A protectee's loss at any point of time—even after the body guarding role is long past—is always traumatic. It is a very special equation.
My first impressions of Madam J. Jayalalithaa, right from the time I headed her Special Security Group in the early nineties, remain etched in my mind: charming and clear-minded.
I met her first in June 1991. She would not utter even a single unnecessary word, and she remained that way all along.
While taking charge of her security, I had expressed the hope that she would help me optimally use the skills and training I had. She unhesitatingly said yes, but with a caveat. “My vocation is public life, and that oxygen supply should not be choked by the protector's zeal,” she said.
We thereon struck an amazing understanding on the mode of security. She was an extraordinary protectee, and I had the finest bunch to help my job—the cream of Tamil Nadu Police.
In 2001, I was made the commissioner of Chennai, where the police had to handle various hierarchies of goons. Jayalalithaa never got into the nitty-gritty, but the mandate was lucid: “Law and order should be maintained well”. And she gave me great latitude to work.
Her interactions with the police were almost unilateral—mostly about meeting our endless demands, such as increased allowances and additional patrol vehicles.
The biggest mission in my career came in 2001, too, when I was called back to Tamil Nadu from a Central deputation as the inspector-general of the BSF in Kashmir. I was made additional director-general of the Special Task Force formed in 1993 to end the Veerappan menace.
As I called on the chief minister, she said she was “sure that the operations would fructify”. The rapport we had was fantastic. I could access her anytime, but I seldom did. I never bugged her with petty progress updates, and she, too, was not interested in sitreps [situation reports]. That showed her faith in us.
Former STF chief Walter Devaram had made some demands, and she promptly said yes to all. I lengthened the catalogue of demands, which was granted post haste. My requests for latest weapons, night-vision equipment, sat-phones, etc, were all cleared in a jiffy. The per capita holding of sophisticated equipment under the Tamil Nadu STF was more than most other comparable forces.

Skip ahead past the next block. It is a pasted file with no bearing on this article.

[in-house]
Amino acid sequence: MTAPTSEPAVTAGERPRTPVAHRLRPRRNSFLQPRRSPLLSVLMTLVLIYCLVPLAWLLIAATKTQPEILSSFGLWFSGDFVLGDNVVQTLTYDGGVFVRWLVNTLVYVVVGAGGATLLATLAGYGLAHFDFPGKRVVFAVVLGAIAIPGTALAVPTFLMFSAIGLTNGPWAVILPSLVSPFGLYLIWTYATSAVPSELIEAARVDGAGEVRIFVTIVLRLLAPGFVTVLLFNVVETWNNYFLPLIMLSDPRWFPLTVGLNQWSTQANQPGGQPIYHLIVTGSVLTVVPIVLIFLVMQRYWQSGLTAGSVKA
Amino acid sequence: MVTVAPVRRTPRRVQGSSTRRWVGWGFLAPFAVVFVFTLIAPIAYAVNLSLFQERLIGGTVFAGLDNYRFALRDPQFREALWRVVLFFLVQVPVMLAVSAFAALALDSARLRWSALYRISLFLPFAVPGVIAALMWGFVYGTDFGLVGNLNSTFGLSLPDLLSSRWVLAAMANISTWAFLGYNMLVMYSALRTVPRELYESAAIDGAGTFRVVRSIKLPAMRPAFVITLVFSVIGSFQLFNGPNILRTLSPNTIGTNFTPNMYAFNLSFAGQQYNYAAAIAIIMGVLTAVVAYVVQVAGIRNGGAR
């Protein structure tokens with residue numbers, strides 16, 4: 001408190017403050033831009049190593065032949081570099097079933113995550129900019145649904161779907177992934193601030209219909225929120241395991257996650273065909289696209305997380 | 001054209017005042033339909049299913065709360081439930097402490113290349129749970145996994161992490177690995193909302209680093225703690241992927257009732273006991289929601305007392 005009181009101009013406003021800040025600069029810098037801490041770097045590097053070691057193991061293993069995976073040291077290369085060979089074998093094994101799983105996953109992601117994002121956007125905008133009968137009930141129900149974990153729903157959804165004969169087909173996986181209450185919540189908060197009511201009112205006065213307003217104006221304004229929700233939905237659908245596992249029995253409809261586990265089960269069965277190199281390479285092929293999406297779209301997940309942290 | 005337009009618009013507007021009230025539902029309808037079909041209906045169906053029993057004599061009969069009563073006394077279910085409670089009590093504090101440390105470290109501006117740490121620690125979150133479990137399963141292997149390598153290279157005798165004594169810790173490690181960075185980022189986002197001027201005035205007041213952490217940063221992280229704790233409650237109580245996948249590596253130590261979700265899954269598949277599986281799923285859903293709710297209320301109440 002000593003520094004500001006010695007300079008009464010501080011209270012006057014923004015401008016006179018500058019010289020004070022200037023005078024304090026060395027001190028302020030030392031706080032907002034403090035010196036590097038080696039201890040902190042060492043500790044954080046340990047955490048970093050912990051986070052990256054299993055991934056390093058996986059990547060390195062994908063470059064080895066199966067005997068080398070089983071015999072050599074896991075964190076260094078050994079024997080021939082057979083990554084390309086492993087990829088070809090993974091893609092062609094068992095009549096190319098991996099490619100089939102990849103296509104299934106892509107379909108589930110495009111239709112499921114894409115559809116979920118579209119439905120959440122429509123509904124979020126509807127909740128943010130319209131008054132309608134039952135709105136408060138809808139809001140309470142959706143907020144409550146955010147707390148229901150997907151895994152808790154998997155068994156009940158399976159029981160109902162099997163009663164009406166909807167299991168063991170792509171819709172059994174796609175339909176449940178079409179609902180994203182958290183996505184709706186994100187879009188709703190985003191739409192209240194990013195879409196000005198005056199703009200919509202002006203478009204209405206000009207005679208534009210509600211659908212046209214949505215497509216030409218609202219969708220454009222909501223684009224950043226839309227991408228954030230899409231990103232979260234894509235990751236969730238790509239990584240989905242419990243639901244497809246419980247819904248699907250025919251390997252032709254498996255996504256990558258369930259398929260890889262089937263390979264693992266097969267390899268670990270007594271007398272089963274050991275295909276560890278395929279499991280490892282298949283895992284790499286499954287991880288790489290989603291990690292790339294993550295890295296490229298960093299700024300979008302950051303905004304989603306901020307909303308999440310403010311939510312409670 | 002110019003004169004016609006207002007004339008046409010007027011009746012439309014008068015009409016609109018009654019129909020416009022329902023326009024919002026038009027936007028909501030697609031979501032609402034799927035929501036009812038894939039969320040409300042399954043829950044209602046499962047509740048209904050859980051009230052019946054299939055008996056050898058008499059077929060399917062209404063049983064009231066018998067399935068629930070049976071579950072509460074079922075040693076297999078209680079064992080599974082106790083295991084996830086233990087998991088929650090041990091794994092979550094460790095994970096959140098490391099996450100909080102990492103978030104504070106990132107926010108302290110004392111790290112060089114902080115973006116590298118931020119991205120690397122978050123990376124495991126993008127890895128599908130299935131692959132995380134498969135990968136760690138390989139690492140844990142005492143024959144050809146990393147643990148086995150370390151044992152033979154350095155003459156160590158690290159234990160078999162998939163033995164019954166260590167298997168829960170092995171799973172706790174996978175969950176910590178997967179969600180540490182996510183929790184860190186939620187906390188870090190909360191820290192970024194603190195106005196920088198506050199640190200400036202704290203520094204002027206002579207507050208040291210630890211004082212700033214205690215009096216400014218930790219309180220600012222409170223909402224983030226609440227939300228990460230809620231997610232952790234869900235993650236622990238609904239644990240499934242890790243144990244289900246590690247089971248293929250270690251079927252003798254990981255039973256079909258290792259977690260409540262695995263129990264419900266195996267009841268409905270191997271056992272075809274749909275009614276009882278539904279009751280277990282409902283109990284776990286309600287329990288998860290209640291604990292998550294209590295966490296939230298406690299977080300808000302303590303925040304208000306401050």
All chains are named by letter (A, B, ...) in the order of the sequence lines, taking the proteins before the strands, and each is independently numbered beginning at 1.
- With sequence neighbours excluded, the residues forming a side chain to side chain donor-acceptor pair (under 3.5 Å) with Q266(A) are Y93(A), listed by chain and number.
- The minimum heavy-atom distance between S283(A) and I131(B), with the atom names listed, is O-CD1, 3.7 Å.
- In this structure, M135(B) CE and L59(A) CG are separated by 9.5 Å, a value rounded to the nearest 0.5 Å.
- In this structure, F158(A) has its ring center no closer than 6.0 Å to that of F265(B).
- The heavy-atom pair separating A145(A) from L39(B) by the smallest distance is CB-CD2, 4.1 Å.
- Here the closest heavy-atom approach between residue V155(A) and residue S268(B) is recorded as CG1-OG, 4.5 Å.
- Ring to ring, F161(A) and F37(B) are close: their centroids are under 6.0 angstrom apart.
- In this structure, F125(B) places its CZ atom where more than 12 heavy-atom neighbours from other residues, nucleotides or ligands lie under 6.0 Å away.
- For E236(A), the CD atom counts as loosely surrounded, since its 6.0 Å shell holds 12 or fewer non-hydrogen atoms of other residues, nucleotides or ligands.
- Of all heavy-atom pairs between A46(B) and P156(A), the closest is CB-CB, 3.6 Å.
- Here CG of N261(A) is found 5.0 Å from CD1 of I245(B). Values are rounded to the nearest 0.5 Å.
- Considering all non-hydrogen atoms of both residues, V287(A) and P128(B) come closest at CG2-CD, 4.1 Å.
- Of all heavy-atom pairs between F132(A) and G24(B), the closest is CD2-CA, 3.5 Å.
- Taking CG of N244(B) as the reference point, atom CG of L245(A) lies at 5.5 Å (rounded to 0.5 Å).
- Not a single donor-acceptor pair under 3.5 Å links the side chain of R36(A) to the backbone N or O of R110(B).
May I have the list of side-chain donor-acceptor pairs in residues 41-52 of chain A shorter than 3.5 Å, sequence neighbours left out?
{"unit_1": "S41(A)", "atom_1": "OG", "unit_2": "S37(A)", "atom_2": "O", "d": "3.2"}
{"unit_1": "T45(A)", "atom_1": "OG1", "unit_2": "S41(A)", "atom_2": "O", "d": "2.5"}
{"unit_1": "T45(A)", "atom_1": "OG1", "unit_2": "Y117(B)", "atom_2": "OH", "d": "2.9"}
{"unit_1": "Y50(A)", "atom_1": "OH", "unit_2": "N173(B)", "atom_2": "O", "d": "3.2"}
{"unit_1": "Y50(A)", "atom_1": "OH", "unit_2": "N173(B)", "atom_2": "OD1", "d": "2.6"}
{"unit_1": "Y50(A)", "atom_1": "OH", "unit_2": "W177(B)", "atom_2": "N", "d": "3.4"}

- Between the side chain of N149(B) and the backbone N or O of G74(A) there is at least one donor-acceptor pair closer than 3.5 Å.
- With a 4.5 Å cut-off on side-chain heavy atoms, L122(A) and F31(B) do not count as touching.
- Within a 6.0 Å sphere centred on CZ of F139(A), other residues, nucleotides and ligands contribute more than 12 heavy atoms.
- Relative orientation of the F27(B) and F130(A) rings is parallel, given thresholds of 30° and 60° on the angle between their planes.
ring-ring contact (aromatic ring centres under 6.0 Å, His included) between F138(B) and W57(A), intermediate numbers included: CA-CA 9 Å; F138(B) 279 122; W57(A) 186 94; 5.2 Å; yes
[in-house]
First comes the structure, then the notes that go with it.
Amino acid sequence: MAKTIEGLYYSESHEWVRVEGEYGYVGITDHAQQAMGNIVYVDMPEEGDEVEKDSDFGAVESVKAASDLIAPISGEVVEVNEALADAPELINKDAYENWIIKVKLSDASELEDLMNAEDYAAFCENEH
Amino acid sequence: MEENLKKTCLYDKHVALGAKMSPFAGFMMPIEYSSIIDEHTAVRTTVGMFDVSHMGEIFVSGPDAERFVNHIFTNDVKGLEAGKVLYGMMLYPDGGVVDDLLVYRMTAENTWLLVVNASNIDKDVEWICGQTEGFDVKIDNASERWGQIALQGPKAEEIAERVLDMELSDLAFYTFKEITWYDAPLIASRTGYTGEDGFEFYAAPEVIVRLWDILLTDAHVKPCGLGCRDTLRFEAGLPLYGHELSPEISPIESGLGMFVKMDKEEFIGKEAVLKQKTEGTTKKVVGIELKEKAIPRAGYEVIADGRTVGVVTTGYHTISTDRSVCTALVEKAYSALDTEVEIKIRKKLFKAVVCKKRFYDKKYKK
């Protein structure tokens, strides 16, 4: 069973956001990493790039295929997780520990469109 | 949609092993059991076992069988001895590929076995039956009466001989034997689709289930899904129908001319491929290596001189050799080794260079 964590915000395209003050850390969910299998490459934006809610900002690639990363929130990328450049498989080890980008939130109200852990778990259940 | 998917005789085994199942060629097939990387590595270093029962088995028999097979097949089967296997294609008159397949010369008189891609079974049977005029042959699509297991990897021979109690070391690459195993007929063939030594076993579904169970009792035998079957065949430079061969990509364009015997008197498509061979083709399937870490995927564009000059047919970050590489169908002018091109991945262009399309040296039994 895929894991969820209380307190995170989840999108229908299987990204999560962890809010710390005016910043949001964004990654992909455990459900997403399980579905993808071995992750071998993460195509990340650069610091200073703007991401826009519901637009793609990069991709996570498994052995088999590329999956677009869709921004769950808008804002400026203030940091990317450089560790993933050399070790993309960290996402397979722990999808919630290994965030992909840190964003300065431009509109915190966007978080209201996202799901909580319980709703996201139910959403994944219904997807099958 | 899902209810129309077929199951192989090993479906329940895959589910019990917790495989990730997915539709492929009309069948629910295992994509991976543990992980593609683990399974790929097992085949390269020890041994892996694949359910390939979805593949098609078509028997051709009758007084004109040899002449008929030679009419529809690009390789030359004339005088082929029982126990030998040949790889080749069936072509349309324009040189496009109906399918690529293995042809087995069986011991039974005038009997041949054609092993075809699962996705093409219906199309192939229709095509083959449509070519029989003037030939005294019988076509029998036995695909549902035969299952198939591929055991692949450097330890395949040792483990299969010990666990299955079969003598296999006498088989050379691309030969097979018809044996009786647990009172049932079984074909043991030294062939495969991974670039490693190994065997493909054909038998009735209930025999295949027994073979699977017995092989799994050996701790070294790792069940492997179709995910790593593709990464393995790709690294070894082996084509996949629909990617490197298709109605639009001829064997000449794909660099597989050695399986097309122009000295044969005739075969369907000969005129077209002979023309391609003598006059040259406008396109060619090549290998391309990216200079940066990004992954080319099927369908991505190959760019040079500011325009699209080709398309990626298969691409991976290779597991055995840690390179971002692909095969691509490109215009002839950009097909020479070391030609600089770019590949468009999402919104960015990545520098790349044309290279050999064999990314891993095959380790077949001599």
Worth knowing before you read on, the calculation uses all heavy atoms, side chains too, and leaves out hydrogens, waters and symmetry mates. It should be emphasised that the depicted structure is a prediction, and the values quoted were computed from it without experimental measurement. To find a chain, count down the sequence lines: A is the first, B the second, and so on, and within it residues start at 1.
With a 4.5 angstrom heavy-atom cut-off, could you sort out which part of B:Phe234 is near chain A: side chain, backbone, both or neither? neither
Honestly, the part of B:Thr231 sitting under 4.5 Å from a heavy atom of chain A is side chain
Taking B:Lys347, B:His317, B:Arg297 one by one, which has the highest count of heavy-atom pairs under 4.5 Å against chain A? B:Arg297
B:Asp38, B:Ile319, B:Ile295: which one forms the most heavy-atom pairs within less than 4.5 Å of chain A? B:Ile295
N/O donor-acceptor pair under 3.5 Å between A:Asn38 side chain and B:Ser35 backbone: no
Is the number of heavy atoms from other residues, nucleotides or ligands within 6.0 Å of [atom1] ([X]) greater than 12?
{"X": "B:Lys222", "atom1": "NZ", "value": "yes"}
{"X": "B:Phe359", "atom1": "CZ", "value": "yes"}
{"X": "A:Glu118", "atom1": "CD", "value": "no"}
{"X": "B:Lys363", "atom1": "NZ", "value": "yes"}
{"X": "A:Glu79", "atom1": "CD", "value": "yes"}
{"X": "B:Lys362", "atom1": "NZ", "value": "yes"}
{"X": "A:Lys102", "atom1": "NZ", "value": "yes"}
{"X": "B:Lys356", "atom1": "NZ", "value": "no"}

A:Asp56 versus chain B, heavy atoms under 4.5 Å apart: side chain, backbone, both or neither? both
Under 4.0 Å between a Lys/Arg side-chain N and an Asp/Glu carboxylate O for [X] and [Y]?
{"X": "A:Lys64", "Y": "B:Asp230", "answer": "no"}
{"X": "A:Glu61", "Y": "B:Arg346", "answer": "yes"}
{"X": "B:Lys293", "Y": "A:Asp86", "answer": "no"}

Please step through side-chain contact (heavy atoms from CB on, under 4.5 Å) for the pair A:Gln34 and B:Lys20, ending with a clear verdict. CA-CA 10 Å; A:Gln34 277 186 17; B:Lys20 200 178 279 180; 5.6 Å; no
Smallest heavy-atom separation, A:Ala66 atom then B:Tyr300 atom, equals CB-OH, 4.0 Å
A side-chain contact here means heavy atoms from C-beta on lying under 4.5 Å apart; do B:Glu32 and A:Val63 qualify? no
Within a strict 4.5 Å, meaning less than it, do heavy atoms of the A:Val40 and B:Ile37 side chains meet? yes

It might come as a surprise to many that we never briefed Jayalalithaa about the end game—Operation Cocoon—till the mission was over. We planned many ops, but refrained from informing her, as it could have spiked hopes and boomeranged on us if the plan failed.
She was also not the 'give me blow-by-blow account' type. Her approach towards me was: “I trust you, it is up to you to deliver.”
Jayalalithaa was more determined than any other leader to end the Veerappan menace. Her stand was bold and apparent—'it needs to be stamped out'. She was resolute like nobody else.
Finally, after we gunned down Veerappan on October 18, 2004, I called her, and she conveyed a big pat to my boys, the Karnataka troops and myself in a warm and elated tone.
It was as if she had been with us all along in the protracted hunt. It is that ability to evoke such feelings that makes a leader really powerful.
The writer was chief of the Special Task Force that shot down forest brigand Veerappan. He is now senior security adviser in the Union home ministry.
As told to S. Neeraj Krishna